Life / Careers

Work-from-home parents more likely to be women: Experts

Experience of dad who went viral during BBC interview common for women who work from home while caring for young children.

Robert Kelly went viral when his kids crashed his live TV interview with the BBC.

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Robert Kelly went viral when his kids crashed his live TV interview with the BBC.

If you spent more than a nanosecond online over the weekend, you probably saw the video of a toddler bombing her dad as he’s giving a live Skype interview with BBC News.

You also probably laughed out loud as the little girl bounced into her father’s home office, followed by a younger sibling in a walker, then their panicked mother who drags the kids out of the room. But for those working from home, that comedy of errors is all too familiar.

With many workplaces offering little flexibility as to when and where parents can work, and daycare costs continuing to rise, more parents are choosing to leave their careers to carve out new paths as freelancers or entrepreneurs.

More often than not it’s women, not men, who are entering this new fray: not quite stay-at-home moms, not quite working moms, but some sort of hybrid version of both.

Irene Boekmann, assistant professor in the department of sociology at the University of Toronto, says children are a big driving factor forcing women from work, and that this doesn’t tend to be the case for fathers.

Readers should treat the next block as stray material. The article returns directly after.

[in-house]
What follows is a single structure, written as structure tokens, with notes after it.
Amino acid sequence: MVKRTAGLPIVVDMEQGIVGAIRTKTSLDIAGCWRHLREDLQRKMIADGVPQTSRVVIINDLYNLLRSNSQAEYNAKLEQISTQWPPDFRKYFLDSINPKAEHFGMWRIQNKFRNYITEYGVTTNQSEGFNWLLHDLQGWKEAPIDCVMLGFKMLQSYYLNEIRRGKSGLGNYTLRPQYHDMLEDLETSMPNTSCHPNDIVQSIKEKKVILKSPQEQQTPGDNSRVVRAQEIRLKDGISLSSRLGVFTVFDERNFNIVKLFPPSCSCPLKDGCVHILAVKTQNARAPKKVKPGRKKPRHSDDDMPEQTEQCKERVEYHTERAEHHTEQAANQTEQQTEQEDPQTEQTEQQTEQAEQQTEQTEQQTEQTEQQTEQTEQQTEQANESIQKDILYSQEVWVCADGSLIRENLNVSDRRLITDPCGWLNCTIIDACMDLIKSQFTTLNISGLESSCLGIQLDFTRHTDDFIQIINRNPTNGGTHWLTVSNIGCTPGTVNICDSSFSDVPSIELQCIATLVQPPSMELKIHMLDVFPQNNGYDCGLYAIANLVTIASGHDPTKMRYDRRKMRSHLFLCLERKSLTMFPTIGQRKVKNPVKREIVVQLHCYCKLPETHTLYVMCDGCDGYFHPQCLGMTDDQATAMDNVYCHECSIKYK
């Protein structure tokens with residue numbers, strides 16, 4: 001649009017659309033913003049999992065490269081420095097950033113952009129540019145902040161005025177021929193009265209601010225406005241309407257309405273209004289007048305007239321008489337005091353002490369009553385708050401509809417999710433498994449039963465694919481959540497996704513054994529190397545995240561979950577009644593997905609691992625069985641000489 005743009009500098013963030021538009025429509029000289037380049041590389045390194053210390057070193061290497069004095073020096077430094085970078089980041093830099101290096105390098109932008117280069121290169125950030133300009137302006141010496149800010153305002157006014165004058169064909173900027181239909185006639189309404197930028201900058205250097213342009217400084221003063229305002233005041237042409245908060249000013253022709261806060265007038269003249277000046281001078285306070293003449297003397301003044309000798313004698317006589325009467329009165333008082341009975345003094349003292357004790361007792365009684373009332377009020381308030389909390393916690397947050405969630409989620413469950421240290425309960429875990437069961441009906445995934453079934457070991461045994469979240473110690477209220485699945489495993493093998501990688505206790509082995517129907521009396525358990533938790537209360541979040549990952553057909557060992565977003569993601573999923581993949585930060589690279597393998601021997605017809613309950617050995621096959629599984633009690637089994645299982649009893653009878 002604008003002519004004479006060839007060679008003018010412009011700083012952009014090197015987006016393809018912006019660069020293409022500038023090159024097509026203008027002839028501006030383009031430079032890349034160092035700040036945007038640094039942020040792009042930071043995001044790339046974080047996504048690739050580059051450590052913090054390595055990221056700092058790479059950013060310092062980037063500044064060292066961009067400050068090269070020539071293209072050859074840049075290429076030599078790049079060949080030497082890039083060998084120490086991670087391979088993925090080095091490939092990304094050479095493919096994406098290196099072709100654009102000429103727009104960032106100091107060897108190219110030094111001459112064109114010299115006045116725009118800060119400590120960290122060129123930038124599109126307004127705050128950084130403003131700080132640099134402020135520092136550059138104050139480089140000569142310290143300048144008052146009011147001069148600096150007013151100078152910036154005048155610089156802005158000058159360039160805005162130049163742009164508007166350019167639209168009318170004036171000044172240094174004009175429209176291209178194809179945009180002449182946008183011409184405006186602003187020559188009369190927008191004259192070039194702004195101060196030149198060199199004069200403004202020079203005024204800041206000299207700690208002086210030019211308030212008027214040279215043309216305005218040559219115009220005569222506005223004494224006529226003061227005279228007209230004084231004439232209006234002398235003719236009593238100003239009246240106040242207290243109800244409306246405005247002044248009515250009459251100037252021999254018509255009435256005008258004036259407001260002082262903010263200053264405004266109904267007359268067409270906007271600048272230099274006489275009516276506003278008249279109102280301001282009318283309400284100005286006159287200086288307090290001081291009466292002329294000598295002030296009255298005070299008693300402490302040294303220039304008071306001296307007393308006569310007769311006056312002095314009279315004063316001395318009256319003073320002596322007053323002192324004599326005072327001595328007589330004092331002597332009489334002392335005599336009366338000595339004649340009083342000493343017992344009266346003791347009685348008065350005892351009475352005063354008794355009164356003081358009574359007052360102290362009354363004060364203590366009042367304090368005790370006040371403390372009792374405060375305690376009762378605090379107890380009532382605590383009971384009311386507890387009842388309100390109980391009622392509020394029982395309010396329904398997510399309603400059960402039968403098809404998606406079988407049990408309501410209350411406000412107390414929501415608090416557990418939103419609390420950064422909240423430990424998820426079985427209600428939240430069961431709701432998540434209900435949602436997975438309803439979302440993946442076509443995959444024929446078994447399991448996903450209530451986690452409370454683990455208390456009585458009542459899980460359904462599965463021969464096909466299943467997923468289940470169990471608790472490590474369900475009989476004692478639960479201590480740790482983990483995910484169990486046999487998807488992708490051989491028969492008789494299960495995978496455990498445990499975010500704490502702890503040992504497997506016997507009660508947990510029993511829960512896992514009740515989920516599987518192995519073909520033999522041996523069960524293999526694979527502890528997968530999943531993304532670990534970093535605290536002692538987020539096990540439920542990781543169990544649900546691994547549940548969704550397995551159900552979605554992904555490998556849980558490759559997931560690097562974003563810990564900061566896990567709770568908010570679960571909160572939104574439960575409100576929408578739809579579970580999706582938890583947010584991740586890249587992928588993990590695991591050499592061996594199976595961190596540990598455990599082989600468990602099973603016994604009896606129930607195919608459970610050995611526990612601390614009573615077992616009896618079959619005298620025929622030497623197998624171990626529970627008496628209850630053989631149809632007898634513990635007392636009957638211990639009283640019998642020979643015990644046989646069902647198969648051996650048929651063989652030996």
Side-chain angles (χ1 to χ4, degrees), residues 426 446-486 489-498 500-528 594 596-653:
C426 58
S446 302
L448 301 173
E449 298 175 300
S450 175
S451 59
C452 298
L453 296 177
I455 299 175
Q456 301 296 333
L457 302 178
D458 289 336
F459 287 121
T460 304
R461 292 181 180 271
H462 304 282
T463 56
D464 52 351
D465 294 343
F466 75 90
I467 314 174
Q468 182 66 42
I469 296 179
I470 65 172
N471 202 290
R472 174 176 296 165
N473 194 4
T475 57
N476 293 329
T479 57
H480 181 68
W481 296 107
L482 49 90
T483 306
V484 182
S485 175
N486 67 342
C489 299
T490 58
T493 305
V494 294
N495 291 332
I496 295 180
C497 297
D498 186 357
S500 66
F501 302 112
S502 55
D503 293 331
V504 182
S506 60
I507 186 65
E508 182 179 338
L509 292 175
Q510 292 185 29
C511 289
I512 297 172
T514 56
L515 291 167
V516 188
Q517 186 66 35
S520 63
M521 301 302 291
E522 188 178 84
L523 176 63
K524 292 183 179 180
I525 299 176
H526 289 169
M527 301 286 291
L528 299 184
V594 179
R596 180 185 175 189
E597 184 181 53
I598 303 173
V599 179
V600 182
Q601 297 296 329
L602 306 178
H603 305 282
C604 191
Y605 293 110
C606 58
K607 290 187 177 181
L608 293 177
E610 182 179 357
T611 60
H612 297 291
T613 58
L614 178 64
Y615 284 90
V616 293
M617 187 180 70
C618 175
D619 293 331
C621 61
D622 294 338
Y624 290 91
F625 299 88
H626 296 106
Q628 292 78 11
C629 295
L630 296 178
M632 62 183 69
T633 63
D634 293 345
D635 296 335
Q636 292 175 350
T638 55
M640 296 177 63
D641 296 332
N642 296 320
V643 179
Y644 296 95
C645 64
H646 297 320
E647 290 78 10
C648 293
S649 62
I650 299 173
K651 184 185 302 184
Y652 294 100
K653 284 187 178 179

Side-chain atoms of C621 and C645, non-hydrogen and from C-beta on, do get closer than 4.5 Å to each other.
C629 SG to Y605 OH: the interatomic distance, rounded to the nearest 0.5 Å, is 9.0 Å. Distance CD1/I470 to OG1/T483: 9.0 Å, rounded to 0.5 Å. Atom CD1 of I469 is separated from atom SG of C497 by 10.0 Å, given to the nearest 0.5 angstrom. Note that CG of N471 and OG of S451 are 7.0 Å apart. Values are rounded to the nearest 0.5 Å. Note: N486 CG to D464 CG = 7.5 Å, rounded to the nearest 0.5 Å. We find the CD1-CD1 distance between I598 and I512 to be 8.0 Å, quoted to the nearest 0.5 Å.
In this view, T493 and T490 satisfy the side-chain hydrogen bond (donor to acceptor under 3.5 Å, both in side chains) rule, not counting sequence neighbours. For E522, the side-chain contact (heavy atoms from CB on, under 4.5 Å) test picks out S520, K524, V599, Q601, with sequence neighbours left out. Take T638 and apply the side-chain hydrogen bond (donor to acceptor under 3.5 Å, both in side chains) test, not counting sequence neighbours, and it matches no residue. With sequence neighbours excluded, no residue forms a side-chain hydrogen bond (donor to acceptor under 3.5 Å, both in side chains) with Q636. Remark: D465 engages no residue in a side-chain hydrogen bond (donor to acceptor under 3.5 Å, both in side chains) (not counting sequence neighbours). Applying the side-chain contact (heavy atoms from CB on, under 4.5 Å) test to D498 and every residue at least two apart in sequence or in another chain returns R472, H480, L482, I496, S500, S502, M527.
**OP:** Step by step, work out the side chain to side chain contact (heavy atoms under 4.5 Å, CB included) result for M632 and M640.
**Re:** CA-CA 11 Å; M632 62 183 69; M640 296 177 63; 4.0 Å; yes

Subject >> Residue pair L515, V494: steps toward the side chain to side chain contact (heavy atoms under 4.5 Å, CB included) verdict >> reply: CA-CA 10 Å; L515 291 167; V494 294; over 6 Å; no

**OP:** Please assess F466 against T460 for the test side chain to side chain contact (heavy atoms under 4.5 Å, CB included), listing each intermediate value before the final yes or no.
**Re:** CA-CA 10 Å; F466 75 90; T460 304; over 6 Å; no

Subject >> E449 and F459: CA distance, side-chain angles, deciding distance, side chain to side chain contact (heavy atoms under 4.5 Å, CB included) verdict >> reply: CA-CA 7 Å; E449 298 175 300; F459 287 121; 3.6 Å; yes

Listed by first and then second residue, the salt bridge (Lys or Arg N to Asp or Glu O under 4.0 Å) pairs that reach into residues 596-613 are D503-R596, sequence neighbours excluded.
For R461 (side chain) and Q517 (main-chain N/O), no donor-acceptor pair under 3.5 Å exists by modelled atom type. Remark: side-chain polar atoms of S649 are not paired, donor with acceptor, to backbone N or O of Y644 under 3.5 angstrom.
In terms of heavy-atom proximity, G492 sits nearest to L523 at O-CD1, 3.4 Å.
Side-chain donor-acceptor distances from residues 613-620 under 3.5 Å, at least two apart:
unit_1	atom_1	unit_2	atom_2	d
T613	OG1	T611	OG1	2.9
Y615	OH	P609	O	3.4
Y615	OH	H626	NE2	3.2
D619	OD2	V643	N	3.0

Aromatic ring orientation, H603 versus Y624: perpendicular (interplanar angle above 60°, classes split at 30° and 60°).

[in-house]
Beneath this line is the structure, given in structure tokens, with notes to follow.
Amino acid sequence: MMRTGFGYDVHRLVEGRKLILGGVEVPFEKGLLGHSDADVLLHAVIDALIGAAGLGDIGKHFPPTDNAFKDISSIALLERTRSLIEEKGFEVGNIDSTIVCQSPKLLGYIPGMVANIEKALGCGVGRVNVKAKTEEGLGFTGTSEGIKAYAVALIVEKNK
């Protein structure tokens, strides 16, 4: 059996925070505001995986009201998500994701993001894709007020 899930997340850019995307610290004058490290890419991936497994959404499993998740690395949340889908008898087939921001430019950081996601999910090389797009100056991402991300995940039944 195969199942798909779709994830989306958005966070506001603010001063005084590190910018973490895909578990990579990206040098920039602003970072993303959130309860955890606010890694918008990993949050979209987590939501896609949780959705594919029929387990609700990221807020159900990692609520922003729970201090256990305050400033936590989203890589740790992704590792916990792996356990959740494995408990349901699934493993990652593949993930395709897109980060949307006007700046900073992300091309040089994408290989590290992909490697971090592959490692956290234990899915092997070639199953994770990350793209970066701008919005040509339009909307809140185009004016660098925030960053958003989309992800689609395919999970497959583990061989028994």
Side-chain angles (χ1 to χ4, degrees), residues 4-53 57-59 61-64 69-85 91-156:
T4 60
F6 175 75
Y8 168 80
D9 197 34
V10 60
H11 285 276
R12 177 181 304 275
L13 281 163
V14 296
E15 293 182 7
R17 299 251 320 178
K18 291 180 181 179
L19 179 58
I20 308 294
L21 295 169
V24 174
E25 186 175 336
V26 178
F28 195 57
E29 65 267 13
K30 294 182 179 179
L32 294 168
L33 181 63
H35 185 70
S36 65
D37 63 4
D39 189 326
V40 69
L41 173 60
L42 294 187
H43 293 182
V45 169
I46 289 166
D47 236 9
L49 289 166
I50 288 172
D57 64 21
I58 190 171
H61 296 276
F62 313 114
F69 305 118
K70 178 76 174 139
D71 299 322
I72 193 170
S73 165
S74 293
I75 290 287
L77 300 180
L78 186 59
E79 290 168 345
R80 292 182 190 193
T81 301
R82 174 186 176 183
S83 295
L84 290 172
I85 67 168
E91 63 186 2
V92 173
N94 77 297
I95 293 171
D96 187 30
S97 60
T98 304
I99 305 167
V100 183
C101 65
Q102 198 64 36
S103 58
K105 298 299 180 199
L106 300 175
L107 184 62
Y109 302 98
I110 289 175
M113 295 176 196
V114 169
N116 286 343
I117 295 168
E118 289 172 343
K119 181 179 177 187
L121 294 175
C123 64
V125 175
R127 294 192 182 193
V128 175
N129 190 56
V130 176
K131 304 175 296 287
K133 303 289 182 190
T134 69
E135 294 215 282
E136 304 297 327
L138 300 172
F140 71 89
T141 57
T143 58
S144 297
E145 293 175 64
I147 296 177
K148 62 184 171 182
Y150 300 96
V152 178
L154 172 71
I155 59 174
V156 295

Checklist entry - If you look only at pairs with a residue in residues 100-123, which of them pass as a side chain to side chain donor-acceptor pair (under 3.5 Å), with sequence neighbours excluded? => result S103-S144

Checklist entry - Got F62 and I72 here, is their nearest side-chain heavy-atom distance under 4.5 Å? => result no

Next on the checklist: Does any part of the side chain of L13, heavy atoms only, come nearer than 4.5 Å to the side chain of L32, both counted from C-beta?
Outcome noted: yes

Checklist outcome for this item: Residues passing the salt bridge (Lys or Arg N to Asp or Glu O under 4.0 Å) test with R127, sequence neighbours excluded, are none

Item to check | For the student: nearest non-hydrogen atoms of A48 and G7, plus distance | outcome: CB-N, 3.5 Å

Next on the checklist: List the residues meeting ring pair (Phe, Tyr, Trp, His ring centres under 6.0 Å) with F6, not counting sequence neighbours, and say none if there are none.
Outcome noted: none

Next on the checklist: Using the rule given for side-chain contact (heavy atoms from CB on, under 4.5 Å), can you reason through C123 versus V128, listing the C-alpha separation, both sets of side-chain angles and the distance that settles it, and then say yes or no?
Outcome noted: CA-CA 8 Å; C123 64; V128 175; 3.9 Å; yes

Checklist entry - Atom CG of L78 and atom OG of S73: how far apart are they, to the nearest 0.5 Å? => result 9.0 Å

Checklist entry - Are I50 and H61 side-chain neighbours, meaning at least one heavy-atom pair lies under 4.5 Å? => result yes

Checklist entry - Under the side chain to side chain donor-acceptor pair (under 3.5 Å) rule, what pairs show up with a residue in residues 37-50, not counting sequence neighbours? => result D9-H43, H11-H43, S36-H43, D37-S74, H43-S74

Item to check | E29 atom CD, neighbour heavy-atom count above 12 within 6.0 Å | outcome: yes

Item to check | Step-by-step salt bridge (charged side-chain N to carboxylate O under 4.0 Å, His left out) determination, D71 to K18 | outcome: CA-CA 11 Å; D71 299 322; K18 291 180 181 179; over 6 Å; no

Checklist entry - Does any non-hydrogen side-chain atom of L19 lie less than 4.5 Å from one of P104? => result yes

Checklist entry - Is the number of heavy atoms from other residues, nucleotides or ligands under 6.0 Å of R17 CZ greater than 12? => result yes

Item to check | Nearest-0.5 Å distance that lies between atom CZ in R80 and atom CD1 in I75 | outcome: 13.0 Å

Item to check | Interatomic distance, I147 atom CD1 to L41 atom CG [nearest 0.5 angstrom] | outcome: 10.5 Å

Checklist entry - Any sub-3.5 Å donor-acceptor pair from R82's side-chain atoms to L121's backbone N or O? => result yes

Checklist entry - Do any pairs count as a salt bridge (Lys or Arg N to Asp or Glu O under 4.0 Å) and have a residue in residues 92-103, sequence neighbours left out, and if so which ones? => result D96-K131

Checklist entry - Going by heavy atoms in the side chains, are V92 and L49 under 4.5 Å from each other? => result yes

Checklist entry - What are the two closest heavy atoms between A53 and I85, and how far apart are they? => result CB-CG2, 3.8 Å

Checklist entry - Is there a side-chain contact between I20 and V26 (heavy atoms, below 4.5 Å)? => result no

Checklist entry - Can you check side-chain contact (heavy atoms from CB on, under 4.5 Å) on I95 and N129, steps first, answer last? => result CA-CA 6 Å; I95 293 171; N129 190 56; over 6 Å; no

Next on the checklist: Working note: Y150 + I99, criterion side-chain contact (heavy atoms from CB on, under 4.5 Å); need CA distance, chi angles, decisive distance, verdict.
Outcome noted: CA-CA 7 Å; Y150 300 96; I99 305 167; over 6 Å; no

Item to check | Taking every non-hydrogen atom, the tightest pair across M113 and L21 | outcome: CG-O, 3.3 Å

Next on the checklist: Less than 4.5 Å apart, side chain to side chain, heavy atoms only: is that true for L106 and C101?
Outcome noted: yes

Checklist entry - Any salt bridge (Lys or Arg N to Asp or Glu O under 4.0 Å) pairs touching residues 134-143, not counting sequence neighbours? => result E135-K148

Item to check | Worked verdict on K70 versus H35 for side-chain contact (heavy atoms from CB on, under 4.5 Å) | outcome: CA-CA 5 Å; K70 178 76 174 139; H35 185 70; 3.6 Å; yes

“There is definitely an interesting gendered story here,” she said, pointing out that mothers with younger children are more likely to work from home than other women. “Research shows that children increase Canadian women’s (but not men’s) likelihood of self-employment.”

When home life and work life are one in the same, there’s no real break from either.

Melissa Milkie, a sociology professor at the University of Toronto, says a lack of feasible part-time professional work, along with workplaces with inflexible work hours, can be push factors that drive women to entrepreneurial work from home.

“The unfriendly workplace, full time work, (they’re) not easy to combine with motherhood,” Milkie said. “But it may be difficult to re-enter the workforce down the road.

“What we call ‘role-blurring’ between work and family roles, is actually linked to more distress for workers — more anxiety, depression, anger and so on.”


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